5 Ways You're Sabotaging Your Home Sale

Editors' pick: Originally published Sept. 1.

You'd think that with interest rates low, for-sale homes wouldn't be sitting on the market all that long - not with eager buyers waiting to snap one up with 30-year fixed mortgage rates at 3.6% this week, according to BankingMyWay.com.

But homes aren't moving as fast as one might expect.

According to Realtor.com, the average U.S. home for sale is spending 65 days on the market. That's a good number, but not a great one, and there may be an underlying reason why homes aren't selling faster.

"In a sellers' market with low interest rates for buyers, it's hard to believe there are many homes sitting for too long without an offer," states John Lazenby, president of the Orlando Regional Realtor Association. "So, if your house isn't selling in this hot market, could you be to blame?"

Specifically, homeowners can get in their own way on a home sale in multiple, deal-killing ways - and TheStreet has asked industry experts to target five of the worst.

1. Over estimating the home's value - "A home that's overpriced based on the owner's belief rather than true market value can discourage buyers from even viewing the home, especially during the crucial two-week period following listing," says Lazenby. He advises homesellers to tap into their realtor's pricing database to arrive at an "appropriate" listing price.

2. Not taking care of needed repairs - Failing to make repairs, especially small, inexpensive honey-do's that contribute to the overall feel of the home, can cost homesellers, Lazenby adds. "Making as many repairs as your budget allows will pay off when potential buyers are not put off by the amount of time or money they would need to bring the home up to speed," he says.

3. Ignoring "incurable" defects - Home flaws like a location under an airport flight path are called "incurable defects," says Colby Sambrotto, real estate expert and president of USRealty in New York. "There's nothing to be done except offset the defect with other features," he notes. "For instance, you might show how you have installed extra- soundproofed windows on the side of the house facing a highway, or how an unsightly water tower actually isn't in view from the living room. Don't try to ignore or dismiss the incurable defects. Instead, work with buyers to help them see how the defect hasn't diminished the experience of living in the house."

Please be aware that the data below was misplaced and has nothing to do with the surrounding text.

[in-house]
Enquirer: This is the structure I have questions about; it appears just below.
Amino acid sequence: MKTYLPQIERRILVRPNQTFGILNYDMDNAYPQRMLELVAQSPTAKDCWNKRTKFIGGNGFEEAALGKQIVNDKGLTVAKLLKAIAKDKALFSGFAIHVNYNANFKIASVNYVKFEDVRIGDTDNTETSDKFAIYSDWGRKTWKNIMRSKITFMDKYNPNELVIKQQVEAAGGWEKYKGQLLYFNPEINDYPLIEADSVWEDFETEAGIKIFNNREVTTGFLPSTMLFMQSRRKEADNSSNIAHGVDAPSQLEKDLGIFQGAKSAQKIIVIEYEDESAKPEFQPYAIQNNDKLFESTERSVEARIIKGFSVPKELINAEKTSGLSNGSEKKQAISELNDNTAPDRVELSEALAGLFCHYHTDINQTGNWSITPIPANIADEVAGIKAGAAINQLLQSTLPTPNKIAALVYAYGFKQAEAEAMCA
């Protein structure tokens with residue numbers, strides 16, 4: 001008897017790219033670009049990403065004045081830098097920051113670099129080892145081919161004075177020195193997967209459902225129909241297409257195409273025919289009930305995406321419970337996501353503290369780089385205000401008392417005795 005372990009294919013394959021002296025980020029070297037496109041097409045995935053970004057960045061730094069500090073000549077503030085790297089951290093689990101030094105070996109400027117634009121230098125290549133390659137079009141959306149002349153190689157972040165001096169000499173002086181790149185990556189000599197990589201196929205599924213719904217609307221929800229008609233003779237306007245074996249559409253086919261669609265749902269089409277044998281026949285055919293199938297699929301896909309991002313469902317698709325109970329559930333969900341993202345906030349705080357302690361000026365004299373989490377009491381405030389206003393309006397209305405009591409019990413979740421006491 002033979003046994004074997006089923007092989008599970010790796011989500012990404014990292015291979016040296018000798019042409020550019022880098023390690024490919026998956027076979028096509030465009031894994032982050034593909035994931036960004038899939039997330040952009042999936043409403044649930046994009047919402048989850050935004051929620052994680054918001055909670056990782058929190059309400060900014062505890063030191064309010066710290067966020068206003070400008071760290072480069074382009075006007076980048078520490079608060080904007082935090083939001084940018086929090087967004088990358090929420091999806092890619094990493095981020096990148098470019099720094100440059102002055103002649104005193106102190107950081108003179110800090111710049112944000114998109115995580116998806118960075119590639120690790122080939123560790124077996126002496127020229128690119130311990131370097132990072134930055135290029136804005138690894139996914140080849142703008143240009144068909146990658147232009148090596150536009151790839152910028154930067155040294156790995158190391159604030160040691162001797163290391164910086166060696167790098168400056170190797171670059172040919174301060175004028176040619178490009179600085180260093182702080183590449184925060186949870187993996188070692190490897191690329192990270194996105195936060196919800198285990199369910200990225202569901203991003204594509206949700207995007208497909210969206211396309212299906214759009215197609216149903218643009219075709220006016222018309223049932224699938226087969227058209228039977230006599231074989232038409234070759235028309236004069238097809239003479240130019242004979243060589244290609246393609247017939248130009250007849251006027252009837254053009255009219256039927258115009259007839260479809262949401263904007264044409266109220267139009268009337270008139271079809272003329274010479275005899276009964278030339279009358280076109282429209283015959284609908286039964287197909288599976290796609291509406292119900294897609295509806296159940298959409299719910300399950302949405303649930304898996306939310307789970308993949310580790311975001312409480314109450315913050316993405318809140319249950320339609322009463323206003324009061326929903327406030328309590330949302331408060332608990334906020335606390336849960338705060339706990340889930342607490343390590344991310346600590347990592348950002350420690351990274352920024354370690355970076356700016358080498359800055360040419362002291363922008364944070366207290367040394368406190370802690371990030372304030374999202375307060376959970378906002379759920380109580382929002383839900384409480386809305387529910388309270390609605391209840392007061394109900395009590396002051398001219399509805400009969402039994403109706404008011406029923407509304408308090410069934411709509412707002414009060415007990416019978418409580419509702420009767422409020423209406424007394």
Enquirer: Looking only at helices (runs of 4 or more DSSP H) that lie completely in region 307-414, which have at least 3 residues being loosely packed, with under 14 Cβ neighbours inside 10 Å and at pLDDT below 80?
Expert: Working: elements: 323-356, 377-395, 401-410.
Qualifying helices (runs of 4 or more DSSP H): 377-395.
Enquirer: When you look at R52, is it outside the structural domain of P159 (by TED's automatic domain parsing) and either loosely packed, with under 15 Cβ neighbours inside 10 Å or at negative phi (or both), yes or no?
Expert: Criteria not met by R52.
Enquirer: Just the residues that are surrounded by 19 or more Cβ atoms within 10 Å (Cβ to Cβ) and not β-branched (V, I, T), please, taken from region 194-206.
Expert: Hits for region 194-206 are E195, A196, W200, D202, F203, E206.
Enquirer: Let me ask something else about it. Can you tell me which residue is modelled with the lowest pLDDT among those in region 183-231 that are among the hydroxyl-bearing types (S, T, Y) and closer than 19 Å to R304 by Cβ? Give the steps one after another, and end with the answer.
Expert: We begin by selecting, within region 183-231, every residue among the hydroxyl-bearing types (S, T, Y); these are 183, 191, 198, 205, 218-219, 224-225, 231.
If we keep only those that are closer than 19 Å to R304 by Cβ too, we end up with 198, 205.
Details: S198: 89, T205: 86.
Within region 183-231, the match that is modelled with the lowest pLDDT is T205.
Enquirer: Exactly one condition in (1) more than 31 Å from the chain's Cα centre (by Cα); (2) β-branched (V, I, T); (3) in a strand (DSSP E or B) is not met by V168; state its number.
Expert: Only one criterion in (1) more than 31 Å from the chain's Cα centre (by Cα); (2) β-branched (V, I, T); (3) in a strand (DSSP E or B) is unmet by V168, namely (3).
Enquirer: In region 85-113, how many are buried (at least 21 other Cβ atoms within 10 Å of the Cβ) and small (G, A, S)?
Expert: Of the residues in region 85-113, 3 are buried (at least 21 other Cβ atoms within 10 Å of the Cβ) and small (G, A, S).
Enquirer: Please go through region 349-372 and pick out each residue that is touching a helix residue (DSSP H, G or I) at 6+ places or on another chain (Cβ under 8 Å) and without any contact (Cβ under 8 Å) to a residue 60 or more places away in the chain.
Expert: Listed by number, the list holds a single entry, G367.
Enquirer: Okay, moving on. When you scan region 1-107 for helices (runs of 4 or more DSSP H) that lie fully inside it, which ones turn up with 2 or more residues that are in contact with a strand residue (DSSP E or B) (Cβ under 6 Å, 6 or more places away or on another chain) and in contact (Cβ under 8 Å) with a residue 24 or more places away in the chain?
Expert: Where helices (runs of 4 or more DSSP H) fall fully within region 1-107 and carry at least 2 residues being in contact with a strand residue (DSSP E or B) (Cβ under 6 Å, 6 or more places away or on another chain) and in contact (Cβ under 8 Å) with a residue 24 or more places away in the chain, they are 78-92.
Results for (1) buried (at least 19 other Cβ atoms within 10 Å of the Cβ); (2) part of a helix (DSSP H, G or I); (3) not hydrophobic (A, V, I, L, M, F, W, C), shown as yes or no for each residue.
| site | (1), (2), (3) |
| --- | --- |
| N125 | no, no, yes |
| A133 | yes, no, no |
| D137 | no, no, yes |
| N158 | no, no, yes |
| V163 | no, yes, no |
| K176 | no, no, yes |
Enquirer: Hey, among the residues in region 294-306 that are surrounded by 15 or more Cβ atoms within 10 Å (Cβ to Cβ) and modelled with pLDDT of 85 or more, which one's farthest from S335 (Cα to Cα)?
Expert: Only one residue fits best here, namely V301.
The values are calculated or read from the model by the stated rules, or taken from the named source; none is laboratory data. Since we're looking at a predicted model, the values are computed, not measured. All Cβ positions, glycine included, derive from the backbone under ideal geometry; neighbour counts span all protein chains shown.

4. Not leveraging photos and online images - Real estate sales are technology driven now, says Matt Parker, author of Real Estate Smart: The New Home Buying Guide and a real estate professional in Seattle. Professional online photos can increase your sales price from $3,400 to $11,200, according to Redfin. "If you get cheap on photos, you are gambling with the home sale," the company states.

5. Not staging their homes - "From my experience in the business, homeowners' biggest mistakes are not being willing to be flexible on their asking price, and not preparing their home for showings," says Dan Padgett, a realtor with Century 21 J.J. Laufer, in Highland Park, N.J.. Padgett says he can't stress enough how many sellers he's worked with who don't wish to "stage" their home, whatsoever. "I'm talking free things like taking family pictures off of their walls, making their beds and tidying up the living areas, cleaning up the kitchen and putting away dirty bowls and plates, among other moves," he says. "Prospective buyers are about to make the biggest purchase of their lives, the least you can do is tidy up around your own home before showings."

You can also go wrong by getting key information incorrect in listing forms, such as the home's square footage, and including misinformation about the local school district can also stop a potential sale in its tracks.

Don't let that happen to you, Great American Homeseller. Thousands - perhaps tens of thousands - of dollars can be squandered by ignoring the issues above. That's a shame, given that buyers will hand you the cash willingly if you act accordingly.

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